I do, however, understand the frustration. As my body has struggled to recover from the damage of a very advanced stage of active celiac disease there are other things besides gluten which, while not causing an autoimmune response, are still things my body can no longer tolerate well. Each time I have to restrict my diet further simply in order to feel okay, I sometimes want to scream. It’s no fun.
However, since you noticed the connection to gluten, it sounds like you’re already very much aware of the high incidence of celiac and non-celiac gluten intolerance in people with Crohn’s. I can’t imagine getting all the way to a Crohn’s diagnosis in this day and age without being tested for celiac disease somewhere along the way, so I’m sure that’s been excluded. Unfortunately, there’s no test for food intolerances, so a trial exclusion and then controlled reintroduction is the only way I know to isolate them. (Do the symptoms go away when you remove that from your diet? And do they come back if you eat it again after the trial period?)
A medically restricted diet is not sunshine and roses. I’m not going to pretend it is. And food is intertwined in almost everything we do in social and work situations. I never noticed how true that was before my diet was restricted. And I still miss some of the things I can no longer have. “Real” beer is high on that list. On top of the incredibly strict celiac diet (a little cross-contamination my not even be noticed by someone with a gluten intolerance but will spark an autoimmune response in someone with celiac disease), I can no longer really tolerate dairy and oats (and by that I mean the certified gluten free variety) — both of which I’ve loved my whole life. And it looks as though red wine is questionable. I was also the person who could eat anything, would try just about anything, and who liked most of it. I absolutely hate now having to think, research, and be careful about every bite I take.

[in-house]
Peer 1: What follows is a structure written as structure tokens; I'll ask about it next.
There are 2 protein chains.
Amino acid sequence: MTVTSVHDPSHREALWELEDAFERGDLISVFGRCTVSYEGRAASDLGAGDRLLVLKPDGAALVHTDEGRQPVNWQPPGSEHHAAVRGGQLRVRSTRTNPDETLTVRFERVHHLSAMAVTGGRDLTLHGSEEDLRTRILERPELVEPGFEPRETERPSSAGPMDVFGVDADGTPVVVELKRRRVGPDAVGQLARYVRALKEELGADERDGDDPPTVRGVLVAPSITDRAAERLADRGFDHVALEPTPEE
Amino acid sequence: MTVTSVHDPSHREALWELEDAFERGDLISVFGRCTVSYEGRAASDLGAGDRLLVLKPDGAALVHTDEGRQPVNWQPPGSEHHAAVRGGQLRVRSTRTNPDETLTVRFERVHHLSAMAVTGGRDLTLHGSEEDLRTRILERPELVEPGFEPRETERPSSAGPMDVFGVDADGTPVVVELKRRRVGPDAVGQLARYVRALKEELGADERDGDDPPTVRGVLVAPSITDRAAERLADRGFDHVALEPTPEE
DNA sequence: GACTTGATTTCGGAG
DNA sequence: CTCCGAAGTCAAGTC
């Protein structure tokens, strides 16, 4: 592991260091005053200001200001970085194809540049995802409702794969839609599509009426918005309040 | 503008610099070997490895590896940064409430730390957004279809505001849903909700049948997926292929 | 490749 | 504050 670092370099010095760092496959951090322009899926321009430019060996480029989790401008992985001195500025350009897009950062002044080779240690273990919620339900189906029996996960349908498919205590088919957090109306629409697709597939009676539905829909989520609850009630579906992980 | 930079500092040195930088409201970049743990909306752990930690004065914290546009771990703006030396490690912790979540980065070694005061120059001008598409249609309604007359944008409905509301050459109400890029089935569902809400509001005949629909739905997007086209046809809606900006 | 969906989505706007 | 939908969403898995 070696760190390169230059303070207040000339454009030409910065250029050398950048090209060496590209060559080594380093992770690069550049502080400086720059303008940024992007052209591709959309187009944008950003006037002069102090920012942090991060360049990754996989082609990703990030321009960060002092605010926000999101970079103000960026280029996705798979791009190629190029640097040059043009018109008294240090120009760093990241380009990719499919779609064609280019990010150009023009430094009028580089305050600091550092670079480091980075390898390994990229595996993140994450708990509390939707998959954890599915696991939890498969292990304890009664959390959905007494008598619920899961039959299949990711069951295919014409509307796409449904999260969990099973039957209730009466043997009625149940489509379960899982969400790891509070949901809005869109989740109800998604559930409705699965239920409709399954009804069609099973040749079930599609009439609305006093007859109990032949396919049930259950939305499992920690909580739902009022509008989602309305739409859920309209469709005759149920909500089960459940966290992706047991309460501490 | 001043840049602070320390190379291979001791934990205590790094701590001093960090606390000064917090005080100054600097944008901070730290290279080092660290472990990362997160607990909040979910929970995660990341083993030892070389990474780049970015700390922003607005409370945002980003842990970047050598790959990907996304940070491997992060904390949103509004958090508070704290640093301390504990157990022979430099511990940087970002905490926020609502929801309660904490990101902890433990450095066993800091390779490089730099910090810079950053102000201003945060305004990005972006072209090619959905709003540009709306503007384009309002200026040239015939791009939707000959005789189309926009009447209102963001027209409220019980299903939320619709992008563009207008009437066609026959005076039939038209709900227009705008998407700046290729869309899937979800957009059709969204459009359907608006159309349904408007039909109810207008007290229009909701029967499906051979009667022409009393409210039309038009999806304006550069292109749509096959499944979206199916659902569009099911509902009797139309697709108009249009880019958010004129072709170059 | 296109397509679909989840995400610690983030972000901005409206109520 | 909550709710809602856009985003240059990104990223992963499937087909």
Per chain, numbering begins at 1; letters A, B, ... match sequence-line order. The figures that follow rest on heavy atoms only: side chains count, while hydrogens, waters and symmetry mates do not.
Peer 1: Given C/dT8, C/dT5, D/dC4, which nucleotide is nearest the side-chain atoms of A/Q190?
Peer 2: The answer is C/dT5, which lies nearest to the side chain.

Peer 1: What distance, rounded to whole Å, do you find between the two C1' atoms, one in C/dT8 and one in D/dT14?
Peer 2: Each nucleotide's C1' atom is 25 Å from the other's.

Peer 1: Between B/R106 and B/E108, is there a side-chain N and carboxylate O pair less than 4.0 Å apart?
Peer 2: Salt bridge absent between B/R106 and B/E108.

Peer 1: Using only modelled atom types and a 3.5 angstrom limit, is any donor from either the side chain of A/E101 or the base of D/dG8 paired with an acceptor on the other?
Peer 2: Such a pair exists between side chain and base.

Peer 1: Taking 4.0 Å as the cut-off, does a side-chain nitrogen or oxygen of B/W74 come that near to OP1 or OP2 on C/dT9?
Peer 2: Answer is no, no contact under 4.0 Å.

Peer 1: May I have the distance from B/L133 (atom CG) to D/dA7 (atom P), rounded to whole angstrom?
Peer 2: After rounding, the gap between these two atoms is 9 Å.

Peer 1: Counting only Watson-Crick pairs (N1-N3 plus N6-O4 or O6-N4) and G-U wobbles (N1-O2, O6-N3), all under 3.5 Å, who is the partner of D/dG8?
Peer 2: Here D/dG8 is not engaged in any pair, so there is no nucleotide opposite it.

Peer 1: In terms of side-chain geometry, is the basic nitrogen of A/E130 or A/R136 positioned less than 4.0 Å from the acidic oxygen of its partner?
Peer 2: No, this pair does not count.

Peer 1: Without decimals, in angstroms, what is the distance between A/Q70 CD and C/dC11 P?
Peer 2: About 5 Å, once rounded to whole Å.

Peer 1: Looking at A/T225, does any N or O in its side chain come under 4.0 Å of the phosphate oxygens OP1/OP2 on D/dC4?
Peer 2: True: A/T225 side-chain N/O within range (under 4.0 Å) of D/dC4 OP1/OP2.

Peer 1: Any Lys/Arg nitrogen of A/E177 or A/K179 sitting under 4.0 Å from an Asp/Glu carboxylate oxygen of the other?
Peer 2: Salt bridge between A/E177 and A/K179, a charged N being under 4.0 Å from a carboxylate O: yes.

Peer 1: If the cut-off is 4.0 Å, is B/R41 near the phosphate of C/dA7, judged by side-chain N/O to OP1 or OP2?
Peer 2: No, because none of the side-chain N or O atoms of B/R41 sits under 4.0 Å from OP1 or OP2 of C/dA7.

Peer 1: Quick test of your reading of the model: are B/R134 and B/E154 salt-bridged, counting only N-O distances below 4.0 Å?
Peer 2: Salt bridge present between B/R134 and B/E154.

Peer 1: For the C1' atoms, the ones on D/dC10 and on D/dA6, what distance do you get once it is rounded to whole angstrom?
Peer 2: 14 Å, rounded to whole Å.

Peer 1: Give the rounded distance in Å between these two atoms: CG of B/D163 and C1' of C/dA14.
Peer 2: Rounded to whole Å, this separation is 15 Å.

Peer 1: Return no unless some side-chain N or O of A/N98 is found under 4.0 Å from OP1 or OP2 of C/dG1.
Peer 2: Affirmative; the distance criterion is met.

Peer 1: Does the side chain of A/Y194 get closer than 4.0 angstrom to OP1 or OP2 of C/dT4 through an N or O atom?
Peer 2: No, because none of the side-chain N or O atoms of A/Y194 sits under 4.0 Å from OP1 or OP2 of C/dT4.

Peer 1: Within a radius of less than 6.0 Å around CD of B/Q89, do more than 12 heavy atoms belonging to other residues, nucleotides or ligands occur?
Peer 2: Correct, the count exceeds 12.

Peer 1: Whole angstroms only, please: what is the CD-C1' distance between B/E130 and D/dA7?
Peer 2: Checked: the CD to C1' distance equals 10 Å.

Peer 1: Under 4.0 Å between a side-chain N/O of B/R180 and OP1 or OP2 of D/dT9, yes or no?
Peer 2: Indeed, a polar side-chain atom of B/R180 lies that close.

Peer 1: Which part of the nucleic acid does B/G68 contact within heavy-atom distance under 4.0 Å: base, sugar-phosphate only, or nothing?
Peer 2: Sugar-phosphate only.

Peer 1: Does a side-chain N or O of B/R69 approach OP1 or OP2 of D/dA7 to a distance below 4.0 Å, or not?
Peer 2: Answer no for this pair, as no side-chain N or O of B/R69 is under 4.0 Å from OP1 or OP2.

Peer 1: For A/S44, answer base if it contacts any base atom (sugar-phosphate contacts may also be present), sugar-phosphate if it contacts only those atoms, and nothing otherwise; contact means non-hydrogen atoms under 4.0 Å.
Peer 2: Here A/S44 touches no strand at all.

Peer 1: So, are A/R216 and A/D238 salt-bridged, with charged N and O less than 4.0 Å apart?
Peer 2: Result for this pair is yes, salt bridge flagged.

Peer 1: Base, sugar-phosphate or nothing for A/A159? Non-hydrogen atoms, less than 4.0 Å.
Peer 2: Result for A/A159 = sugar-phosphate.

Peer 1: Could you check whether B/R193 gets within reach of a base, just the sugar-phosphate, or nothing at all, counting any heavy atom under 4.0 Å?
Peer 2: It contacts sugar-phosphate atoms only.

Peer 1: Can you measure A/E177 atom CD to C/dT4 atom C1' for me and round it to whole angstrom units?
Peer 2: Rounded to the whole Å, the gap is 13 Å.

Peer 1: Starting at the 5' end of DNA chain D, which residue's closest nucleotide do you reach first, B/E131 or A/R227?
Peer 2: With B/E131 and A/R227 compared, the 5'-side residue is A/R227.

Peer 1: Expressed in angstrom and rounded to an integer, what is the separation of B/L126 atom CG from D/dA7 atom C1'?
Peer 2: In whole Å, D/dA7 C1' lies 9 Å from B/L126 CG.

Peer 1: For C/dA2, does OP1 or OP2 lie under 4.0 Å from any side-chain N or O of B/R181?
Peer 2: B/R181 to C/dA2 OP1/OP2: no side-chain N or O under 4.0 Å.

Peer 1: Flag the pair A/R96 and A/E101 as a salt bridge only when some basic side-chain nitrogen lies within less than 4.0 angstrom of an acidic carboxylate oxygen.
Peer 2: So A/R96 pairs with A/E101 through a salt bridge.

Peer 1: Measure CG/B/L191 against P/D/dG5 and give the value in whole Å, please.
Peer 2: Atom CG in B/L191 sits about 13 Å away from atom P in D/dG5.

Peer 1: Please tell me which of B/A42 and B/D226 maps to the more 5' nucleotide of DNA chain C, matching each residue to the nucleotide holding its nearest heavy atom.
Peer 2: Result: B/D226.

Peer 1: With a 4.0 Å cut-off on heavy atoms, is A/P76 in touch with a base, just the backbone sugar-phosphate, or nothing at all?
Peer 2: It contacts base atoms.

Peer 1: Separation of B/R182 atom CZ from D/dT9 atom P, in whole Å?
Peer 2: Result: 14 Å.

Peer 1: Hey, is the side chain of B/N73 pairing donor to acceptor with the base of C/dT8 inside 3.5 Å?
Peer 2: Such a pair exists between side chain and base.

But at the end of the day, I just don’t want to be sick anymore. That wins out. And so I try to focus on other things. (But I do not wear a bikini!) I meant to be encouraging. I don’t know if I succeeded. But I do wish you the best. A more restricted diet is not fun, but it’s got to be better than days of “near-hallucinatory nausea and vomiting.”
Peace and good luck.
Thanks a lot for taking the time to respond. I have been reading your posts much more carefully now that I am a fellow food-scrutinizer. I have not yet found a lot of consolation in this new health adventure, but the fellowship of others on the same journey is a big help.
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The gluten-free diet i am taking is quite tasty and so i am much delighted. `
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Switching to a gluten-free diet is a big change and, like anything new, it takes some getting used to. You may initially feel deprived by the diet’s restrictions. However, try to stay positive and focus on all the foods you can eat. You may also be pleasantly surprised to realize how many gluten-free products, such as bread and pasta, are now available. Many specialty grocery stores sell gluten-free foods. If you can’t find them in your area, check with a celiac support group or go online. ^